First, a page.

$79M advanced from Contingency Fund still in limbo
…Finance Minister re-submits request for ‘ex-poste parliamentary’ consent
By Gary Eleazar
Minister of Finance, Dr Ashni Singh, in keeping with a ruling by Speaker of the House Raphael Trotman, has resubmitted a request for ‘ex-poste Parliamentary’ approval for $79M advanced from the Contingency Fund, and which was spent in 2011.
That money had come up for debate early this year in Financial Papers #7 and #8 and the opposition had voted down a number of provisions that had been requested for approval.
The Finance Minister, now with Financial Paper #9, is seeking the approval of the monies that had been voted down in Paper #7 representing that which had been expended from local coffers.
The amounts for which the Minister is seeking ‘ex-poste parliamentary’ approval include $25M as a provision for the conferment of National Awards; $29M which had been allocated for the site preparation for the construction of a specialty hospital; 18M for Capital Works at the Office of the President and 6.6M for the Ministry of Home Affairs for election-related activities..
The monies had represented the first set ever to be cut from an appropriation being sought by a Finance Minister in Guyana.
Dr. Singh at the time had sought approval for in excess of $5B which had been advanced from the Contingency Fund.
When the Financial Paper # 7 had come up for debate earlier this year, A Partnership for National Unity (APNU)’s point man on finances, Carl Greenidge, had questioned why the government had to spend $29M from the local coffers when the Indian Government for 2011 had already set aside $150M for the design of the project.
The Finance Minister at the time failed to convince the opposition on the merits of the expenditure. He had sought to explain that because the money initially allocated for the project was from a foreign source, and for a specific purpose, the government could not simply use it for a different project.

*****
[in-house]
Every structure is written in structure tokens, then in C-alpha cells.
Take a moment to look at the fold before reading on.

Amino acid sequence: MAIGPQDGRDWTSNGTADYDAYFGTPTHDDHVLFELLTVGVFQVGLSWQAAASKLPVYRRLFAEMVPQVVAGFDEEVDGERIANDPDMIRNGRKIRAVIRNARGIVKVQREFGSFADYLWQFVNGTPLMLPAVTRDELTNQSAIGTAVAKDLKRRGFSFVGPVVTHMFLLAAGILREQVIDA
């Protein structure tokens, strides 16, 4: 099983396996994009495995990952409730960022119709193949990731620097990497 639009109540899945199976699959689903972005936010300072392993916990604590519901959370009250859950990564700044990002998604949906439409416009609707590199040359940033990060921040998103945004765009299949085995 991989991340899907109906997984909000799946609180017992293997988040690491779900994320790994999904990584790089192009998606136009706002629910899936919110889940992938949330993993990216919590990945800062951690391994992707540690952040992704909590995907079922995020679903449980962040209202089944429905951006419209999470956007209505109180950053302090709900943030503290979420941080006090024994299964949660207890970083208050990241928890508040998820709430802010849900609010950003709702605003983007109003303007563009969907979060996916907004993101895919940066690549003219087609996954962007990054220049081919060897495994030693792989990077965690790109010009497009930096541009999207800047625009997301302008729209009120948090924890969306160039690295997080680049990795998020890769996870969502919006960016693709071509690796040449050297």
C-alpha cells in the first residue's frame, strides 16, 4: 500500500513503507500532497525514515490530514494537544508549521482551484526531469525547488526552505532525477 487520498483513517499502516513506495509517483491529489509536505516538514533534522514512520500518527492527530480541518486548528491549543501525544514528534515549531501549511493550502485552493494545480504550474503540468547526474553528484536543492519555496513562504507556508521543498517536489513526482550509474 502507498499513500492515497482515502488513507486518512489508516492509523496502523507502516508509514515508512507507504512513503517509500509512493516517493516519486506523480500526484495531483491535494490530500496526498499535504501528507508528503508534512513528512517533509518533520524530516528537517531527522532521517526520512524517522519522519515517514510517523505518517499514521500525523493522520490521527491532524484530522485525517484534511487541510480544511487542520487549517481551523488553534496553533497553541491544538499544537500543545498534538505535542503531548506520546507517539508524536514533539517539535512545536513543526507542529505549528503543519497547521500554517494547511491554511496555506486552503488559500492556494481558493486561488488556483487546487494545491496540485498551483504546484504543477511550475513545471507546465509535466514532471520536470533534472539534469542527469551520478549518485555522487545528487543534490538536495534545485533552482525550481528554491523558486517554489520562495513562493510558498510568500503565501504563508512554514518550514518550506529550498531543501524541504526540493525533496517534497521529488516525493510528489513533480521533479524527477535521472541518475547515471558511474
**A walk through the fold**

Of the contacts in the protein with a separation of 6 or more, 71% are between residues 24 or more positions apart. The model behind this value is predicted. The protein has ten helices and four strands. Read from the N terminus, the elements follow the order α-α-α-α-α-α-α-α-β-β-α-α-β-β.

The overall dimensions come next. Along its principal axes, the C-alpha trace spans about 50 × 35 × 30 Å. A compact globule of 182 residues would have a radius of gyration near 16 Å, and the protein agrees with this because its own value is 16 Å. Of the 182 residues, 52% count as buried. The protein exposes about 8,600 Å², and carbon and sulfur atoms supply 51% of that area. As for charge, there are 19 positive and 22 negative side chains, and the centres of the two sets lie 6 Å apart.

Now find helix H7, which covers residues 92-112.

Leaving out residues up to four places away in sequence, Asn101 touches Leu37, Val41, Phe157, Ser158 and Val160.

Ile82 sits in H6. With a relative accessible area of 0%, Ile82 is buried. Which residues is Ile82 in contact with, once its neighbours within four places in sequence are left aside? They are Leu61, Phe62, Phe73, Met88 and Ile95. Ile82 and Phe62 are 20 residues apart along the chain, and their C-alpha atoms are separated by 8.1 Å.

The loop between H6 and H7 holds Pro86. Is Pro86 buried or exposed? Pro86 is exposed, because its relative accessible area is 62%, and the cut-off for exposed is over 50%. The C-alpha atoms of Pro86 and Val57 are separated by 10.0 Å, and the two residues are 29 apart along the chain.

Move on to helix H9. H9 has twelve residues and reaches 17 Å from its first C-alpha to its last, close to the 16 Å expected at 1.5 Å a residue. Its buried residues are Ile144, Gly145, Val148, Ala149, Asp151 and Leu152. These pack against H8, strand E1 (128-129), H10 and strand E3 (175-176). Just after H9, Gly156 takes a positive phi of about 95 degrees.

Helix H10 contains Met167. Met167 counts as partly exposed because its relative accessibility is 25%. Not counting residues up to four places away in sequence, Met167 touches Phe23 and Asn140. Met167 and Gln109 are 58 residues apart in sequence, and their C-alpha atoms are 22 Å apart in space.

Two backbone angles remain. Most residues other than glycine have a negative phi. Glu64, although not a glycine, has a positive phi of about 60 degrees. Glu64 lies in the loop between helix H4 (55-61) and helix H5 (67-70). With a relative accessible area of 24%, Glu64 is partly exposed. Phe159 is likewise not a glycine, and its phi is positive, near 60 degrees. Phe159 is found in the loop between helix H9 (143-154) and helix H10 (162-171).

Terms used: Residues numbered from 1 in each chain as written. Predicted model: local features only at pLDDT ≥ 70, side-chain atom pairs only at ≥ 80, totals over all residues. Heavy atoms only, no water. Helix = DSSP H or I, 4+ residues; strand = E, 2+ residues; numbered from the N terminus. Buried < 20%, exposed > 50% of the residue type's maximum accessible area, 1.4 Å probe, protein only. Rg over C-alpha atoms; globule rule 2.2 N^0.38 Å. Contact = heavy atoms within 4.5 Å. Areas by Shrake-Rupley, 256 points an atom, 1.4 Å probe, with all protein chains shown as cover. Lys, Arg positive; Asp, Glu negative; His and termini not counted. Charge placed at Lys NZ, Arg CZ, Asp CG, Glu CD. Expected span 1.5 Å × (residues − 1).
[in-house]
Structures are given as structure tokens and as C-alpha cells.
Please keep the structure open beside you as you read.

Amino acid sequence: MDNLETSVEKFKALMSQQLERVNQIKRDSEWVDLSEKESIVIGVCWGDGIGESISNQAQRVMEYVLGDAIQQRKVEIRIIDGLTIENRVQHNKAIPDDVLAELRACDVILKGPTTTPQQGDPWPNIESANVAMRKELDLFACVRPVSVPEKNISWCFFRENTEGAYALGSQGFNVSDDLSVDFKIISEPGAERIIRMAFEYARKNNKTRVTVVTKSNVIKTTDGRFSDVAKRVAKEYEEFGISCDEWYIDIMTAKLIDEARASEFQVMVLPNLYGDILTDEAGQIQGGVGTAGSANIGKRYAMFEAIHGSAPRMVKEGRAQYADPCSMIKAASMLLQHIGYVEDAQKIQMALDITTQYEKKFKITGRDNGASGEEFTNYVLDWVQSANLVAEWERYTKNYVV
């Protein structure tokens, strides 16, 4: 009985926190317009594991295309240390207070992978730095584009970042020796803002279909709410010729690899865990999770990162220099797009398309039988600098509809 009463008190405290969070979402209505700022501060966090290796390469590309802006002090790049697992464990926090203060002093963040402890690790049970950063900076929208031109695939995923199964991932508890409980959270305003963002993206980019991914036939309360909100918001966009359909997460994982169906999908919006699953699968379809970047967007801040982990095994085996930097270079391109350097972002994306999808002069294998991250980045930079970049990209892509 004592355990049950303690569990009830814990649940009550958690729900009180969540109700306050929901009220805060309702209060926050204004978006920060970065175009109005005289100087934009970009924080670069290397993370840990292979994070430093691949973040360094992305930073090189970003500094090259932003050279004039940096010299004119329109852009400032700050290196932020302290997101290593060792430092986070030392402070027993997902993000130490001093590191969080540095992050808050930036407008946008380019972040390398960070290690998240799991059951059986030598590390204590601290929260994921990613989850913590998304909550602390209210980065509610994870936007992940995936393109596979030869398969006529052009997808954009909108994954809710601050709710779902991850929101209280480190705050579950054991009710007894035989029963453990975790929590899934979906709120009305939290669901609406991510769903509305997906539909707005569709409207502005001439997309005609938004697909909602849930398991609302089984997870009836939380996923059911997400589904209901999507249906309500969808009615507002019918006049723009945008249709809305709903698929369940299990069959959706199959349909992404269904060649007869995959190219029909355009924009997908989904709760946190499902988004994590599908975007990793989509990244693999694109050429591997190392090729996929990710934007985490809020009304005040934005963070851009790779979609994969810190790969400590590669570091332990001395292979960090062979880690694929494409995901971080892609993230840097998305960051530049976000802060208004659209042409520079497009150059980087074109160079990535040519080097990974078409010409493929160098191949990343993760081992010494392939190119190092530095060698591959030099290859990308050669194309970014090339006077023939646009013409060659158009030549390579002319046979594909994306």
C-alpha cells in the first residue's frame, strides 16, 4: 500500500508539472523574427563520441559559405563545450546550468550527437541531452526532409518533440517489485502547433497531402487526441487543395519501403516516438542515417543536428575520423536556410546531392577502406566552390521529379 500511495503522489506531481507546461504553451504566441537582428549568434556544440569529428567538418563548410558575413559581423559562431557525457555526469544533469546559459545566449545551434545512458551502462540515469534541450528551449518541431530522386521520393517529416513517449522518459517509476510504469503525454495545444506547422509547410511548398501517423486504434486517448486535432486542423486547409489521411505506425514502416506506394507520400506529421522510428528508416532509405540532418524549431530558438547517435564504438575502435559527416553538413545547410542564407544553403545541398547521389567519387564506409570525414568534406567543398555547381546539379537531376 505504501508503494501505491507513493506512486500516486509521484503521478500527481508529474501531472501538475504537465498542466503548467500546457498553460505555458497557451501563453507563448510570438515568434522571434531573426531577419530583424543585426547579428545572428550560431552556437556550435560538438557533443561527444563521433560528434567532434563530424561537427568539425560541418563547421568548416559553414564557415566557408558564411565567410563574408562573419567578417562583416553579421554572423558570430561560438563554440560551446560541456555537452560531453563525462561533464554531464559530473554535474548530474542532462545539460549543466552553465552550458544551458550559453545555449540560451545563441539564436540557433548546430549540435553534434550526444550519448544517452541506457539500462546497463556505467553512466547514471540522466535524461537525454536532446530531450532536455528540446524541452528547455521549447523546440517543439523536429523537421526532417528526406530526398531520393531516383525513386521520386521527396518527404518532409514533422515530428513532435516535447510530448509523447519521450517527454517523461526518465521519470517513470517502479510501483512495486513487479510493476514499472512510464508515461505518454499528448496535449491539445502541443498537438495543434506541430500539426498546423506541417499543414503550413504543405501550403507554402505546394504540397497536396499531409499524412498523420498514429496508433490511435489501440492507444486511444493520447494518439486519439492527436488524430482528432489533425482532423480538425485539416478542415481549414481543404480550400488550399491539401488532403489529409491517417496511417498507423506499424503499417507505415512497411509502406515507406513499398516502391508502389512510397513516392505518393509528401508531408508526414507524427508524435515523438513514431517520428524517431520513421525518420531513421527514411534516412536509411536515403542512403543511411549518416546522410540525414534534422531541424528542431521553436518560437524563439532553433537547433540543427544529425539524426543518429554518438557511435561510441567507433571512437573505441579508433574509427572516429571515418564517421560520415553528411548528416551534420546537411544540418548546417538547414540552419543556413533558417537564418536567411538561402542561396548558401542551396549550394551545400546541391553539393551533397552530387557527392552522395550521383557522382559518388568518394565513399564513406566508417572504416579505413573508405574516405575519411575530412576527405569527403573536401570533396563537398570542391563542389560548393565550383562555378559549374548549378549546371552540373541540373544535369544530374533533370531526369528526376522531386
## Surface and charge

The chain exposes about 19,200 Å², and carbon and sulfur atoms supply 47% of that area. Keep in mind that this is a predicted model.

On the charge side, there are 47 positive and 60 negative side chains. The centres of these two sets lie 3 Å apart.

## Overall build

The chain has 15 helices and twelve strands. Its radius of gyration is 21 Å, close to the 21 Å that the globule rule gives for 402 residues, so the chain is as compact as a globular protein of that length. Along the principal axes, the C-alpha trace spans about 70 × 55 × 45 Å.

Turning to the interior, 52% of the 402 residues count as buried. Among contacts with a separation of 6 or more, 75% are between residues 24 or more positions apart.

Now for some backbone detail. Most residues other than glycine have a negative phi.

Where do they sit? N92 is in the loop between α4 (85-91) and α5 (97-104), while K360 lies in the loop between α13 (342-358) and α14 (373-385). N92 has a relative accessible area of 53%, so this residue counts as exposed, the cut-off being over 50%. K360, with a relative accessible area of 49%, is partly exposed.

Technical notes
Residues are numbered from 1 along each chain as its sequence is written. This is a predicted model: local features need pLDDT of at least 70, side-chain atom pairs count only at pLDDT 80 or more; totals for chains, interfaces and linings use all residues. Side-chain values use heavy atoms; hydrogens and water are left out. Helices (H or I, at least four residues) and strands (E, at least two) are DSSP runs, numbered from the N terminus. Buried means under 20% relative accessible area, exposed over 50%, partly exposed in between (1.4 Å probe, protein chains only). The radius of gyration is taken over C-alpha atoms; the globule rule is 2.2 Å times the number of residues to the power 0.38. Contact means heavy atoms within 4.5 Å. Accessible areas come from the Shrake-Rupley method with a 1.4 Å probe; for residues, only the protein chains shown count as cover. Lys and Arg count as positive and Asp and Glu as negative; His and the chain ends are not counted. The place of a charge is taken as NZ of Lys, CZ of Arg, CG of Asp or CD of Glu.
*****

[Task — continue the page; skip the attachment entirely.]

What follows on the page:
The legality of this money being represented in the 2012 budget after it was voted down was also subject to deliberation during the recently concluded Budget debate.
Dr Singh had asserted that the fact that the money was expended is a historical fact and he also contended that the authorization for such expenditure was lawful.
The Finance Minister drew reference to the fact that he was the sole authority, as provided for in the Constitution of Guyana and re-enforced with the Fiscal Management and Accountability Act and the Parliamentary Standing Orders.
Dr Singh explained also that what is now required, is an ‘ex-poste’ Parliamentary endorsement, for which he said he will move to the House shortly, in accordance with the ruling of the Speaker, when the allocations were disallowed earlier this year.
With respect to the $150M that was allocated for the Hospital in 2011 but never expended, coupled with the fact that the Minister advanced $29.1M to the project from the Contingency Fund, Dr. Singh offered clarification.
He told the House that the $150M represented inflows from India for the design of the Hospital.
This, he said, was never done, and the site preparation is being funded from the local coffers, hence the $29.1M advanced from the Contingency Fund.
Another amount that was vehemently questioned by the Opposition was a $25M allocation for the Office of the President which the Junior Finance Minister Bishop Juan Edghill sought to explain was to be used for the National Awards, for which there had been a prolonged hiatus as well.
Edghill, in his inaugural line of defence of expenditure in the Guyana Parliament, explained that there was a previous five-year hiatus of the conferment of awards.
A total of 131 persons were presented with National Awards last year and according to Edghill, the event cost the State $10M. He had said too that $15M would have been associated with the swearing-in of the new President and his Cabinet.
This did little to sway the opposition which proceeded to vote down the provisions.
Dr. Singh had vehemently protested the move by the opposition, and Speaker Trotman had ruled that the Finance Minister may resubmit the provisions. The $79M for which there has been no Parliamentary approval leaves the Contingency Fund void of that money, given that it cannot be reimbursed without the legislative arm of the administration giving its approval.